Struggling to the window, Philip is able to draw the attention of local reporter Grace Collier (Jennifer Salt) who lives in the building opposite before he succumbs to his wounds; phoning the police, Grace rushes to render assistance, but when the police arrive there is no body, no blood, no sign of a struggle, and Danielle insists that she spent the night alone. With the police refusing to take her seriously, Grace determines to investigate herself.
Now released on Blu-ray with a selection of supporting features including interviews with many of those involved in the making of the film, the visual essay by author Justin Humphreys makes clear the influence of Alfred Hitchcock including but not limited to Rear Window (the murder witnessed from an overlooking building, reporter Grace Collier being named after star Grace Kelly, the amateur investigation, the penetration of the crime scene by a character observed through binoculars), Vertigo (the idea of doubles who may not be what they appear to be) and Psycho (the quite obviously unstable Danielle, voyeurism again), though co-writer Louisa Rose insists that it was not a tribute, but that he “was making his own Hitchcock.”
A friend of De Palma’s from college where he directed her in theatre before she focused on writing, Sisters was Rose’s masters project, a switch which allows her to make the observation that whereas theatre has a more flowing structure the instant cuts in film are more comparable to dream logic. Interestingly, Philip wasn’t specifically written with a black actor in mind, it was just the casting which strengthened the script; “Anything you show takes on significance.”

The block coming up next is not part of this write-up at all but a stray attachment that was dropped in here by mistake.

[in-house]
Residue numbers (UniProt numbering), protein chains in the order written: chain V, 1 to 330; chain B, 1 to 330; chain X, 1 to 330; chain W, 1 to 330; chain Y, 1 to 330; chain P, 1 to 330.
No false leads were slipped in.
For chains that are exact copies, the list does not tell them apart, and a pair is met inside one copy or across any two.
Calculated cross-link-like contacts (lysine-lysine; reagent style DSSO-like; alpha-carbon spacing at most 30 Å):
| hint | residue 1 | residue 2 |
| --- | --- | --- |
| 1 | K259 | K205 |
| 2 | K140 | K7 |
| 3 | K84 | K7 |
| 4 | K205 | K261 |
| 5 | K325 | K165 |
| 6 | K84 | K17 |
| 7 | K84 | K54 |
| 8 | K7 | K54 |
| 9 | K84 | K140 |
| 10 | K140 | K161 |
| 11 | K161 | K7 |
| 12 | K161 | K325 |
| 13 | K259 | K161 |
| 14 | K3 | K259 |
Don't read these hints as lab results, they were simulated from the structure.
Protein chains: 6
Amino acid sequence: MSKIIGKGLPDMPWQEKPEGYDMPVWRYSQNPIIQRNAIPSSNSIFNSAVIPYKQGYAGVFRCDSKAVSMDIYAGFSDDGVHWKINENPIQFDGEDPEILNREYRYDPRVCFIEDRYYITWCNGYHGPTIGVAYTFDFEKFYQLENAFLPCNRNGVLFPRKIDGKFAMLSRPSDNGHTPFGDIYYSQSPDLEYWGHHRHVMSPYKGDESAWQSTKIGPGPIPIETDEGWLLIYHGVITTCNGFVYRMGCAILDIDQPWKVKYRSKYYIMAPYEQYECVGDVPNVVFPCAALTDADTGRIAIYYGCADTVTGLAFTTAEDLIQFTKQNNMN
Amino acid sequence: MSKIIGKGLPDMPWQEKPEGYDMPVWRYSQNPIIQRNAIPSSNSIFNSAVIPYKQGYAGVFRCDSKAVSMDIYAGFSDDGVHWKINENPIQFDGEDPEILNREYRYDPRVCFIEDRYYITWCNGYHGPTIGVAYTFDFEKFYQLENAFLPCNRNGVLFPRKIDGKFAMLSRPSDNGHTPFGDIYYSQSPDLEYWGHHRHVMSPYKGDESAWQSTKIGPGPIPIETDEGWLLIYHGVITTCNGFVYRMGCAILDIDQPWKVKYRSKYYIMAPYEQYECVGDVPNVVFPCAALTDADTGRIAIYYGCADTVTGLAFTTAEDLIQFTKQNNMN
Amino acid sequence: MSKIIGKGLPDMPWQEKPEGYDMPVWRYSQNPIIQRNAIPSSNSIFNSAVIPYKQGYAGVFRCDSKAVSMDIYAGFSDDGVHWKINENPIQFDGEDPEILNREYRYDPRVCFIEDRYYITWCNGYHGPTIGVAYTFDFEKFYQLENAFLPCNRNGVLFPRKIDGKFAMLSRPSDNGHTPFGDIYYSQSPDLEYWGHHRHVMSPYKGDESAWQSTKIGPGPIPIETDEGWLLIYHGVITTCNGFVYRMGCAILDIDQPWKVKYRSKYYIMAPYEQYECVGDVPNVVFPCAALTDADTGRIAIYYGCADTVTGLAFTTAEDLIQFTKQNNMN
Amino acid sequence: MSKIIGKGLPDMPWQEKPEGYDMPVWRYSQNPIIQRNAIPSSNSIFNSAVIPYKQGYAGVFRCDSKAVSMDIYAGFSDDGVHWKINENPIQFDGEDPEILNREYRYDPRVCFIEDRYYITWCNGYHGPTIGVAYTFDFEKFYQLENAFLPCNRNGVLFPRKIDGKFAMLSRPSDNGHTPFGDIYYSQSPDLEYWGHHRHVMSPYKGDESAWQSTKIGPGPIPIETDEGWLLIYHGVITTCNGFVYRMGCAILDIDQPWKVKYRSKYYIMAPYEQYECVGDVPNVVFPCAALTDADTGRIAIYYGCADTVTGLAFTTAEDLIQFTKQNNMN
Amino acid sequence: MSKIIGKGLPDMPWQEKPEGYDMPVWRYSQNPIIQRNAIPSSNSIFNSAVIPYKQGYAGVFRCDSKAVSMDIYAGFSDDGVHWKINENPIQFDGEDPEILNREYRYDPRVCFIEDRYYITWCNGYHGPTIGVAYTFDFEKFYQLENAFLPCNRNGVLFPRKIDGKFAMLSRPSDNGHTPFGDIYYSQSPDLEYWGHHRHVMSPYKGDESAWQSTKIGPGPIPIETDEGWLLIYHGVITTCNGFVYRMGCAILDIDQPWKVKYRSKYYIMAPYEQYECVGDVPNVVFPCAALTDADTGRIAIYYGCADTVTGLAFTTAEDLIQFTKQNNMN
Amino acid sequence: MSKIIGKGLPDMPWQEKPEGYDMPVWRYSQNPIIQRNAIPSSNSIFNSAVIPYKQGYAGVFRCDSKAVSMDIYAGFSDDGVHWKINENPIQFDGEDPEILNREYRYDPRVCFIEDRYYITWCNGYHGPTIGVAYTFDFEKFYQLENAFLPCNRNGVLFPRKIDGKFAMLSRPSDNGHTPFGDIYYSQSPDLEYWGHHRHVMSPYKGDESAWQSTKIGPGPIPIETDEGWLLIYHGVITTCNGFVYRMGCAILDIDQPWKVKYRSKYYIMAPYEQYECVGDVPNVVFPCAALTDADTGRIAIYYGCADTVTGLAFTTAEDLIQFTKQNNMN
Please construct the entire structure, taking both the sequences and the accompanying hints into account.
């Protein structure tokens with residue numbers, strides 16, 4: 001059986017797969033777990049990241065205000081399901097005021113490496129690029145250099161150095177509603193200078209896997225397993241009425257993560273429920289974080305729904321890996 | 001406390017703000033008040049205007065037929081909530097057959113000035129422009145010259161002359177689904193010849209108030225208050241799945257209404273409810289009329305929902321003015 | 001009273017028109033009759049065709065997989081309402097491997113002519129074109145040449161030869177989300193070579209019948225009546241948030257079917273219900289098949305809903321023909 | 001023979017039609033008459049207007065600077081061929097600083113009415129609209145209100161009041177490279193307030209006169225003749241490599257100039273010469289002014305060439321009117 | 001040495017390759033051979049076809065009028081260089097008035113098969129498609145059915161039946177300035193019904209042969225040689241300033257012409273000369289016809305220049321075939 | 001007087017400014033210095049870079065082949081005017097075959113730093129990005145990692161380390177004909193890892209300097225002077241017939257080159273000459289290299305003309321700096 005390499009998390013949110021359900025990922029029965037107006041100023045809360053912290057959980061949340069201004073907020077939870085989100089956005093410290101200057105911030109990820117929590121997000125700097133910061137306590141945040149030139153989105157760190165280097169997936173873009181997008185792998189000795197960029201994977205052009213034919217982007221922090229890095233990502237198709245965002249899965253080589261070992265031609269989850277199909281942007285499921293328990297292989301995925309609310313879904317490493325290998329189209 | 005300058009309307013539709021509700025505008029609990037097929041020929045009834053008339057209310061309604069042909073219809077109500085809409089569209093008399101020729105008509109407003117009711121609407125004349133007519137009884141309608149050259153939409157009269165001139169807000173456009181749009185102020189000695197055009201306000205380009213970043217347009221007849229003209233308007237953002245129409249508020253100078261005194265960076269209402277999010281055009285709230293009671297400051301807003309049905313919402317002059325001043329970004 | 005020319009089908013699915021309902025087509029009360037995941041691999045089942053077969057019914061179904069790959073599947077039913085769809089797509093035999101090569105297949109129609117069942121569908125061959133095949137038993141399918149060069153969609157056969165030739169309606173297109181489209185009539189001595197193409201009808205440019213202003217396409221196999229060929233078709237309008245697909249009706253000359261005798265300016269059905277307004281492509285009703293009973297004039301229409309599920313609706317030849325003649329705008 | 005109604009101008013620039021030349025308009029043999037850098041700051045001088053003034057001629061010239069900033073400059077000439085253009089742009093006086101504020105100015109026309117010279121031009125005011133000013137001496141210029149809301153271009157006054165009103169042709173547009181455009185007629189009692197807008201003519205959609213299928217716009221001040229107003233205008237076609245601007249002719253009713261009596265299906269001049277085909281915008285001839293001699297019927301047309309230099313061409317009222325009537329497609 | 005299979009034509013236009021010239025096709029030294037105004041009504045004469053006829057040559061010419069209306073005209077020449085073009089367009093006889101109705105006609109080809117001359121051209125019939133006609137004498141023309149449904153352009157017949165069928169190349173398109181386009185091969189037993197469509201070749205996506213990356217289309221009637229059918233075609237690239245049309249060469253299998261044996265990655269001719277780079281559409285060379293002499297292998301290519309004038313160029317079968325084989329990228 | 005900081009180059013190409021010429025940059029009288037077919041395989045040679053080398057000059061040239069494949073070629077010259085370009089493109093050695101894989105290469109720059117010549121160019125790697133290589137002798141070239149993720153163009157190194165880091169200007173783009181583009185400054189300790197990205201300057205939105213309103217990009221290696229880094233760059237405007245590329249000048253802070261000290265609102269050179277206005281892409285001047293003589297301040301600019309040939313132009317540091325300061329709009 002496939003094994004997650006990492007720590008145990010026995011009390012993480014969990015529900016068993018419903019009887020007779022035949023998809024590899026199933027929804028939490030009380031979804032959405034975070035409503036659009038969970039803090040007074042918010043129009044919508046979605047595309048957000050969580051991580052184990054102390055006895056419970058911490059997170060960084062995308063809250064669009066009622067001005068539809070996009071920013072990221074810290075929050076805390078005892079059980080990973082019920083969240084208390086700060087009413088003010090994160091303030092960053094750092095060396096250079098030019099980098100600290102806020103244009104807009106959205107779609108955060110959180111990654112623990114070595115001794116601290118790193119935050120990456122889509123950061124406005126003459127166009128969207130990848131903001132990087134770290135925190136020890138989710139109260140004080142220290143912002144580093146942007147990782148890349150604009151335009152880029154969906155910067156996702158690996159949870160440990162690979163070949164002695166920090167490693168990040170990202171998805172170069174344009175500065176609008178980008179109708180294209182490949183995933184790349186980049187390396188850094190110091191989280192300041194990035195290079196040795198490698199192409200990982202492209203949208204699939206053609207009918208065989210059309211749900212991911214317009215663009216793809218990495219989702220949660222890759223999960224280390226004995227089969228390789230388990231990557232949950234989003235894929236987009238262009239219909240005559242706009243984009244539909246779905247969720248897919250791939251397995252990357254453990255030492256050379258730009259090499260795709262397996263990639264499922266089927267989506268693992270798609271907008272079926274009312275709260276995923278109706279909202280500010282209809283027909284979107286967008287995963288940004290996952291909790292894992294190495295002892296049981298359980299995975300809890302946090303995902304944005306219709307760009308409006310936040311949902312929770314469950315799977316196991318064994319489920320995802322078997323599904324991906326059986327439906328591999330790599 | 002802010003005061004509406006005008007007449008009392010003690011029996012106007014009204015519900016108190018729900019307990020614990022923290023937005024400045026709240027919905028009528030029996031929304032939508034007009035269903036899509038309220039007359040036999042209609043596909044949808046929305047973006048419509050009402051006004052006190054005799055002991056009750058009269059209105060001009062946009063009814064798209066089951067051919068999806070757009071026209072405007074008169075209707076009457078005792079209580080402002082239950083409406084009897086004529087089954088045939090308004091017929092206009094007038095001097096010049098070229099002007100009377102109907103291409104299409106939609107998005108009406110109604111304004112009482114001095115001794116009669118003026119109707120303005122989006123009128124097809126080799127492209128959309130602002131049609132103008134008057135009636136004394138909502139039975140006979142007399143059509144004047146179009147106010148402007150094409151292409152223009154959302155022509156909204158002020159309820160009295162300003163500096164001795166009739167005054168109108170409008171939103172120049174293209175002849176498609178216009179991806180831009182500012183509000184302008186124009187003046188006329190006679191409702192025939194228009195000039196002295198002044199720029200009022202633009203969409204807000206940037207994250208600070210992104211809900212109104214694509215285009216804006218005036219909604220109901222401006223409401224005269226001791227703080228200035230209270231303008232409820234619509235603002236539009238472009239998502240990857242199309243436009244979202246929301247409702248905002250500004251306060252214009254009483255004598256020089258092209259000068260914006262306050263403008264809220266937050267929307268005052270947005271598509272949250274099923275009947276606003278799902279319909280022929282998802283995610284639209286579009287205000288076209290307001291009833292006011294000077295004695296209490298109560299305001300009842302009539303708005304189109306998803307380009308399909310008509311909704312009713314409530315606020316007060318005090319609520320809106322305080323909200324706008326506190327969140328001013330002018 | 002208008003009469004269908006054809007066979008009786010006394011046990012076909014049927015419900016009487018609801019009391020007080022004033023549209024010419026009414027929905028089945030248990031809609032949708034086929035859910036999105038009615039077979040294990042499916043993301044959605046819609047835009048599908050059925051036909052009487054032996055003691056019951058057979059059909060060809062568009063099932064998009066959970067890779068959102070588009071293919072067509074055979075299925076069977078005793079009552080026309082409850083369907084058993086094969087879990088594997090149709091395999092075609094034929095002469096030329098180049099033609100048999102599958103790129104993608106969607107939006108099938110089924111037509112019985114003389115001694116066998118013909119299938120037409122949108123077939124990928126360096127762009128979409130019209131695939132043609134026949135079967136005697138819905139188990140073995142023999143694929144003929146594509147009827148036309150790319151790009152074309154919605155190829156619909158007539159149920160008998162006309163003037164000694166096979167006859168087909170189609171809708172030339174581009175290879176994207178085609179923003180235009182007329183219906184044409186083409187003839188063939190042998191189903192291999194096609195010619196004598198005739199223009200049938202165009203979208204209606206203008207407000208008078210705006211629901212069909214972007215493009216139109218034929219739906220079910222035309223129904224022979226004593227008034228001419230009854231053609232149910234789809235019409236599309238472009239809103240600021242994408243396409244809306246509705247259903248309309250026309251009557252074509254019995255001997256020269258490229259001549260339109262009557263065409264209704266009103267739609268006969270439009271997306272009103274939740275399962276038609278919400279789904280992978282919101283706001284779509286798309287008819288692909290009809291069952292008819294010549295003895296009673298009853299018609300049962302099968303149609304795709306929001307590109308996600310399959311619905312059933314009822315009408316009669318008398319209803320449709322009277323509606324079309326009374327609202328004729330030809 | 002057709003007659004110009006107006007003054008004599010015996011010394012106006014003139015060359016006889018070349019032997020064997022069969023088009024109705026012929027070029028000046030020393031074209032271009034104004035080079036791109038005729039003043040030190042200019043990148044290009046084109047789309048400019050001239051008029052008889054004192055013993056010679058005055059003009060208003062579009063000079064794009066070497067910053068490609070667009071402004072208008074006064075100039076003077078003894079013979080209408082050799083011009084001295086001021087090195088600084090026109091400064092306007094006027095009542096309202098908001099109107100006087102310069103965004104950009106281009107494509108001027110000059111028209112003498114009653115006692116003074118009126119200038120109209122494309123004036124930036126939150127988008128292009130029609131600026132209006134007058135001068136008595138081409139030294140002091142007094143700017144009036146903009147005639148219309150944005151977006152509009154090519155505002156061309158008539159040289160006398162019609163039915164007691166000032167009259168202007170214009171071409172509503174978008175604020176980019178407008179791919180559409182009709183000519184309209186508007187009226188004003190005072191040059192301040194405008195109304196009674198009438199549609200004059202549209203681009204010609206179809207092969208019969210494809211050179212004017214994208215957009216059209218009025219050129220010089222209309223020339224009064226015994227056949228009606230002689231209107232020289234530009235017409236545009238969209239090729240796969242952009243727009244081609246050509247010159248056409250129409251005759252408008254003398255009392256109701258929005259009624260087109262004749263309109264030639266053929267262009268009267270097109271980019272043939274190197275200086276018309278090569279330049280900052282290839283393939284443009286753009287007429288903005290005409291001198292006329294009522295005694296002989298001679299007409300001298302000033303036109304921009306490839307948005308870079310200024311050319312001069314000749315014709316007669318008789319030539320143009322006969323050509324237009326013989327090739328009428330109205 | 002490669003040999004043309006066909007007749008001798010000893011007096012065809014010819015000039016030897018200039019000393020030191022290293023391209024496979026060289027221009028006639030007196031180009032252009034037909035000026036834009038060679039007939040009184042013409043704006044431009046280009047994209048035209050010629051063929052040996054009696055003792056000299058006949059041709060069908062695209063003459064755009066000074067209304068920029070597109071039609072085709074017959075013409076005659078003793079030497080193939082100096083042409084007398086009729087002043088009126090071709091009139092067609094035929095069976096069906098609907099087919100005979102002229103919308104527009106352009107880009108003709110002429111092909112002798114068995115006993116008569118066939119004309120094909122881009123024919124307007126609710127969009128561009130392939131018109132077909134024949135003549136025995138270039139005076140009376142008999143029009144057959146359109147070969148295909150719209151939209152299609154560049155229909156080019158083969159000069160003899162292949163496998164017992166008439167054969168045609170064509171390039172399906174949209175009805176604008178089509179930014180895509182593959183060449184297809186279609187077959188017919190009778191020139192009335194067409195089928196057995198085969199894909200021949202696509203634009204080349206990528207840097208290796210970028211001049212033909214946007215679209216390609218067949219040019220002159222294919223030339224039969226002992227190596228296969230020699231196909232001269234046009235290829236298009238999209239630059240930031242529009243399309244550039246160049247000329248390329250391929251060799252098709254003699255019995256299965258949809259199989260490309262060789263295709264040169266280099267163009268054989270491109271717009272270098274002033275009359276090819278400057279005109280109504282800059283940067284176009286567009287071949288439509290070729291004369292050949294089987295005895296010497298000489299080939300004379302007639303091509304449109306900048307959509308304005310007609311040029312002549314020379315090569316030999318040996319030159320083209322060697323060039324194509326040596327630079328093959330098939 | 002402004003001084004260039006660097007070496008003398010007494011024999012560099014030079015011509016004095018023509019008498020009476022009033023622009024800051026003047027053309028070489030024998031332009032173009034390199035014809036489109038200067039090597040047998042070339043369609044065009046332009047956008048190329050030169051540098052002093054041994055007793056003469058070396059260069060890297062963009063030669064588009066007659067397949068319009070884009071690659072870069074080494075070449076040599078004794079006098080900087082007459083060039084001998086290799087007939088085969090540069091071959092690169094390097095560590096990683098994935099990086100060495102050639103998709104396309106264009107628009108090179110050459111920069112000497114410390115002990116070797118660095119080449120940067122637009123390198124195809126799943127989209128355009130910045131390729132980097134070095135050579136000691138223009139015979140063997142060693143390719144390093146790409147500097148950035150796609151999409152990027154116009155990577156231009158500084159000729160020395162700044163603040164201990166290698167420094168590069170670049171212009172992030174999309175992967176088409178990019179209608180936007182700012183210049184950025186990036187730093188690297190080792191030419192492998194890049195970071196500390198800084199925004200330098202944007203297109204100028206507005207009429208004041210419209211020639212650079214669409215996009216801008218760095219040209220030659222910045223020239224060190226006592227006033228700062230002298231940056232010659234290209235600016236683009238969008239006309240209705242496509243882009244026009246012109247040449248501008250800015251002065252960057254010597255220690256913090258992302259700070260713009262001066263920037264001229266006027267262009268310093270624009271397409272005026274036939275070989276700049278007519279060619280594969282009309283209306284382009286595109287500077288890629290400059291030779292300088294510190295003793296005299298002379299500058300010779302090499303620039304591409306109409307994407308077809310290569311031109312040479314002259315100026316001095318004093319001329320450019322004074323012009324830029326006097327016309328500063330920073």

Though serendipitous, the role of Philip is interesting in that his race is not important to any of the lead characters except in the inaction of the police, allowing Grace the lines “A white woman kills her black lover and those racist cops couldn’t care less. I saw it happen and they won’t investigate.” This refreshing colour blindness extends beyond race relations; undeniably a New York film, despite the subject matter it feels like a safe city, more like the representations associated with fifties cinema than the more edgy seventies classics The French Connection (1971), Mean Streets (1973) and Taxi Driver (1976).
Speaking of her experience on the film, Jennifer Salt admits “I have no real affinity for the genre,” but undersells herself considerably when she comments “I’m noted for my screaming ability.” Having previously acted in Midnight Cowboy, she is perhaps best recognised for her tenure as Eunice Tate on the long running spoof Soap but is now a writer/producer on American Horror Story where the Ayslum season had parallels with Sisters in the attempted imprisonment in a mental institution of a journalist who threatened to expose their wrongdoings.